Many women feel anxious about visiting the gynecologist, often due to uncertainty about the tools used during exams and procedures. Gaining insight into these tools, including understanding what a speculum is and its purpose, can help alleviate much of this anxiety.
Learn about the standard tools gynecologists use, their importance in women’s healthcare and their functions. This knowledge can help reduce anxiety and make your next gynecological appointment more manageable.
A speculum is a medical instrument used in medicine to gently open the vagina, allowing for the examination of both the vagina and cervix. The speculum is crucial in gynecological exams, especially for procedures like pap smears. It facilitates the collection of cervical cells for diagnosing various infections or conditions.
The bivalve speculum tool, consisting of two hinged blades, is the most common type—a speculum works by gently separating the vaginal walls when inserted. The two hinged blades, controlled by the handle, can be adjusted to the desired width, allowing clear visual and physical access to the cervix and upper vagina for examination.
Specula comes in both metal and plastic varieties. Metal specula are known for their durability and reusability, but they may feel cold and be more intimidating to some patients. Disposable plastic speculum provide a warmer touch and are often considered less intimidating, making them a popular choice among many women.
A vaginal retractor is a tool similar to a speculum used in medical settings to keep the vaginal walls apart. This provides doctors with clear visibility and easier access during exams or surgeries. It’s especially useful in childbirth for examining cervical or vaginal tears and in operations like hysterectomies or repairing the pelvic floor.
Vaginal retractors vary in design to suit different medical needs. The single-blade type has one flat, typically curved blade to pull back one side of the vaginal wall. Double-blade retractors have two blades that work oppositely, allowing for the retraction of both sides of the vaginal wall. These often come with adjustable features to control the degree of openness required.
Self-retaining retractors are designed to keep the vagina open without the need for manual holding. They come equipped with a locking mechanism that holds the blades in place, making procedures more efficient and easier to perform.
A colposcope is a device that looks like binoculars mounted on a stand and gynecologists use it for detailed examination of the cervix, vagina and vulva. It functions as a specialized magnifying tool, allowing for an up-close view of these areas.
The colposcope is an essential instrument for conducting colposcopies, a non-invasive procedure vital for the early detection and prevention of cervical cancer. It is used when there are signs of abnormalities like unusual bleeding, precancerous changes or the presence of suspicious lesions.
A curette is a surgical instrument used primarily in gynecology to scrape the lining of the uterus. It’s used in procedures like dilation and curettage (D&C), where it helps remove tissue for diagnostic or therapeutic purposes, such as after a miscarriage or for investigating abnormal bleeding. Curettes come in various forms, including sharp curettes, which manually scrape the uterine lining and suction curettes, which use vacuum power for tissue removal.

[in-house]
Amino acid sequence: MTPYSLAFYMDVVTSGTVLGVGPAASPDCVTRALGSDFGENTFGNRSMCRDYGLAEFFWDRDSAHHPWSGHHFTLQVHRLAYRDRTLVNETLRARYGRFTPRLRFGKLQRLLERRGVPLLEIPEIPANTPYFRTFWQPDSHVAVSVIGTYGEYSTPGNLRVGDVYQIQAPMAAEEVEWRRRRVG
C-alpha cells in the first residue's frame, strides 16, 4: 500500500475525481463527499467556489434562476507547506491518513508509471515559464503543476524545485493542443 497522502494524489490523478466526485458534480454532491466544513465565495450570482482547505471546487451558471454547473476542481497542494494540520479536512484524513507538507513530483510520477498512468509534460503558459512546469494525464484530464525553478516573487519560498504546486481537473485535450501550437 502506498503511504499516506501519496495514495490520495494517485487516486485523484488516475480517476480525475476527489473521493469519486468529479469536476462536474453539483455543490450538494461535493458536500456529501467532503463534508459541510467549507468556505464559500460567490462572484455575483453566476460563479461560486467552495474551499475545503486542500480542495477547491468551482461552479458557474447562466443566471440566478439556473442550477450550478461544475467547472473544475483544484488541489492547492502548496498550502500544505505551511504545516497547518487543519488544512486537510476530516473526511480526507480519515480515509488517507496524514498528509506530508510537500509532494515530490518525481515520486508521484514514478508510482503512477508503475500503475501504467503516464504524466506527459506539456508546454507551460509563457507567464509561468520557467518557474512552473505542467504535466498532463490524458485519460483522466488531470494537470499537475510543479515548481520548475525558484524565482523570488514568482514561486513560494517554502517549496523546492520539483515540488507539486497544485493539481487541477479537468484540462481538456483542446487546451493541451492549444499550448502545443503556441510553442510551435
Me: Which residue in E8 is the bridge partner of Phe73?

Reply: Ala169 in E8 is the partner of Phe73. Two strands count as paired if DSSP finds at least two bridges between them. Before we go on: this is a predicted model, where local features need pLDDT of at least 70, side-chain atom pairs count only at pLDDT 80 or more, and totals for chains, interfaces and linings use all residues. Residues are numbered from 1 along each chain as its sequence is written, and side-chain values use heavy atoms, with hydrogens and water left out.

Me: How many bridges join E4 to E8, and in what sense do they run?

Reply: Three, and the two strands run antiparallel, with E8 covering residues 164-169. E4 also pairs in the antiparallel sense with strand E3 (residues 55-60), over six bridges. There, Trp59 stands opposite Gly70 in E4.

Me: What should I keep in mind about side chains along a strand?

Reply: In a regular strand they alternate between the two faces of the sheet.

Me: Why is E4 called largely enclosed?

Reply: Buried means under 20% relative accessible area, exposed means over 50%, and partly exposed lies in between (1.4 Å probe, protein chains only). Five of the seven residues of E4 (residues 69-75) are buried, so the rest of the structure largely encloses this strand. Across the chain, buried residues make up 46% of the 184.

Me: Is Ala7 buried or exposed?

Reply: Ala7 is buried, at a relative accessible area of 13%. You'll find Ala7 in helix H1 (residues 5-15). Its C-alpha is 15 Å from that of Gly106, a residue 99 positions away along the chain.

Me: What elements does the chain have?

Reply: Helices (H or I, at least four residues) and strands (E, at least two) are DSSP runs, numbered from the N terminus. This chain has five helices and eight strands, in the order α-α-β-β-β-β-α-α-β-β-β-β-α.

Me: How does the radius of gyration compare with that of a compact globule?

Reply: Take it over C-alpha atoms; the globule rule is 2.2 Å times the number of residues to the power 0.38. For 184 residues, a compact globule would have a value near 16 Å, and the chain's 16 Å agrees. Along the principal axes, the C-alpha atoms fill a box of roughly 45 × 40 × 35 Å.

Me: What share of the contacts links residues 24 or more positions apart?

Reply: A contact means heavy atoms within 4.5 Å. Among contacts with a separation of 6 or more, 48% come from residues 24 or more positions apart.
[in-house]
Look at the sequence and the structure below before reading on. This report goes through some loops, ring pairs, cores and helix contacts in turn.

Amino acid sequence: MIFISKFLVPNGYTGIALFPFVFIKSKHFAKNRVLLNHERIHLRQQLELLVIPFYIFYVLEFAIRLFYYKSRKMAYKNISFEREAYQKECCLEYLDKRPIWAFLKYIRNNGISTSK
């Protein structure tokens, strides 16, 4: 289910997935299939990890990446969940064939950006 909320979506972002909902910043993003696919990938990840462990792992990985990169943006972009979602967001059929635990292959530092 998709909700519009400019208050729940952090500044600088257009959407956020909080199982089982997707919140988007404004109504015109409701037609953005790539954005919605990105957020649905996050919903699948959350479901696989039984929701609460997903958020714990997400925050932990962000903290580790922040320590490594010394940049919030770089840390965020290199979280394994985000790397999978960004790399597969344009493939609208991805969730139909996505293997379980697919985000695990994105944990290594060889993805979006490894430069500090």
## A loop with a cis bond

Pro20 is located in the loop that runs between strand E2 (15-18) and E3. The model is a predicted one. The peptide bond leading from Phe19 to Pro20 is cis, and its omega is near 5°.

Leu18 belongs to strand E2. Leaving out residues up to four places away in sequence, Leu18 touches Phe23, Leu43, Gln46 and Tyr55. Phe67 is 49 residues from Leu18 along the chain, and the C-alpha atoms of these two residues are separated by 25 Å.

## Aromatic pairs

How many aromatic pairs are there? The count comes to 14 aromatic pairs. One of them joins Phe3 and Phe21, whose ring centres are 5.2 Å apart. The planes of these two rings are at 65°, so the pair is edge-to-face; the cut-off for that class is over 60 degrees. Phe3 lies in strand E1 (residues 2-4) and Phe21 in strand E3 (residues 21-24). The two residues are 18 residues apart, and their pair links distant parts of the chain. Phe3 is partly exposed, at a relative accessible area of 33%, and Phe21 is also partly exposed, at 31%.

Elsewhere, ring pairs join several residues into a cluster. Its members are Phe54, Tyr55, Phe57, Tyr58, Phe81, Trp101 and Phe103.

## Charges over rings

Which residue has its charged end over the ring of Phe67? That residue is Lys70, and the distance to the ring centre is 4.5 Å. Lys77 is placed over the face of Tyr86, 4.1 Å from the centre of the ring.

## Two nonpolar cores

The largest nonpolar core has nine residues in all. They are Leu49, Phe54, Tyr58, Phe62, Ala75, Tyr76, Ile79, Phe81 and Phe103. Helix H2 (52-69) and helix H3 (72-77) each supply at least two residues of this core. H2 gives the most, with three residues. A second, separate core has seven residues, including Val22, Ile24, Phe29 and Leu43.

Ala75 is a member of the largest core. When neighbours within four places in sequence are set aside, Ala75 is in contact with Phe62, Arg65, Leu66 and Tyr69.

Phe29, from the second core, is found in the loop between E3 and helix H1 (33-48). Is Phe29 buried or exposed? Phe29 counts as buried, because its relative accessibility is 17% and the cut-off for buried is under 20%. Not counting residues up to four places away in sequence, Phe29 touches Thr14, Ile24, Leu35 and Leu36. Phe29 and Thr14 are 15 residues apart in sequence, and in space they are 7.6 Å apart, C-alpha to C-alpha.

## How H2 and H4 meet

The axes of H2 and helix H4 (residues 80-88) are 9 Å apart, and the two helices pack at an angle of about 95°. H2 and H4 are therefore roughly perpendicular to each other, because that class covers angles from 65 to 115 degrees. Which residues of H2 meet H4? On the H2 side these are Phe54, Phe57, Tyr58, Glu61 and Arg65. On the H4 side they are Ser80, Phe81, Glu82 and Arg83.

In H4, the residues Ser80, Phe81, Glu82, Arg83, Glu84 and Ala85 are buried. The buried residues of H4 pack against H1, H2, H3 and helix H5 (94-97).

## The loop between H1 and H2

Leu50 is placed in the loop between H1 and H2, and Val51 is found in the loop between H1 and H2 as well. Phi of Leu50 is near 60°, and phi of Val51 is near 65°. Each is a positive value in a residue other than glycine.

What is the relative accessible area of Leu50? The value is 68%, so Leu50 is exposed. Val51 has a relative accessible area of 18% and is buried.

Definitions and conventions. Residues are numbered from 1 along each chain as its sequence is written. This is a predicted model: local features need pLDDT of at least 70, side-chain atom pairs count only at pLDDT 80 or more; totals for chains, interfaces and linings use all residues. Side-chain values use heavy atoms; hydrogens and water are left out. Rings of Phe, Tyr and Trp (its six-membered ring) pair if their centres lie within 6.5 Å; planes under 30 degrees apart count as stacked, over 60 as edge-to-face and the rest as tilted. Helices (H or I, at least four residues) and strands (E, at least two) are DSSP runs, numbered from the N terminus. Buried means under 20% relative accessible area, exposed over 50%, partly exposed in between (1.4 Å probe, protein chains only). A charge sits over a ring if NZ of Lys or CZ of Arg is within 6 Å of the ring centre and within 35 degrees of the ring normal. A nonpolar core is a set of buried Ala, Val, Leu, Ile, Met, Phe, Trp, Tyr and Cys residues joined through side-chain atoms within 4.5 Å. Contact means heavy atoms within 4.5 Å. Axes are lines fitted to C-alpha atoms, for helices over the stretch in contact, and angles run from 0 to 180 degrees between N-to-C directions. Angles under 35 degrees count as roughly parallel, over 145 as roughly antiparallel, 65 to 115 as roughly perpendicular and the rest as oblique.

In gynecology and obstetrics, forceps are vital for grasping, holding and manipulating tissues during surgical procedures. They come in various types, including:
- Obstetric. These are used during childbirth to assist in the delivery of a baby. They have curved blades that fit around the baby’s head.
- Allis. Known for their firm grip, they are used to hold or grasp heavy tissue like the uterine wall during a cesarean section.
- Babcock. Similar to Allis but with a gentler grip, they are ideal for handling delicate tissues without causing damage.
- Ring or Sponge. Typically used to hold gauze and other items during procedures.
- Adson. Commonly used for holding and maneuvering delicate tissues, such as skin and blood vessels.
- Heaney. Specifically designed for use in gynecological surgeries, particularly hysterectomies, due to their angled structure.
An endometrial aspirator is a medical device designed to collect samples of the endometrium, the lining of the uterus, for diagnostic analysis. It’s primarily used to investigate abnormalities such as unusual uterine bleeding and infertility or to screen for endometrial cancer.
The device works by gently suctioning a small tissue sample from the uterine lining, a process that is typically less invasive and painful compared to traditional D&C. This sample is then examined microscopically to diagnose potential infections, hormonal imbalances or pathological changes.
Gynecologists use ultrasound probes as a non-invasive method for routine prenatal care and evaluating gynecological health issues. The probe uses sound waves to create images of the internal structures of the female reproductive system. It’s essential for monitoring the health and development of a fetus during pregnancy, allowing for real-time visualization of the baby in the womb.
Additionally, it’s used to examine the uterus, ovaries and fallopian tubes, helping your doctor diagnose conditions like ovarian cysts, uterine fibroids and ectopic pregnancies.
Get the Right Tools for the Job with Nella
At Nella, we believe that gynecological exams don’t need to be anxiety-inducing and uncomfortable. We’ve designed a disposable speculum that is smooth, temperature-neutral and the size of a tampon to minimize any discomfort during routine pelvic exams.
Talk to your doctor about using Nella speculum or order your own Nella Comfort Kit to be delivered to the clinic before your next exam.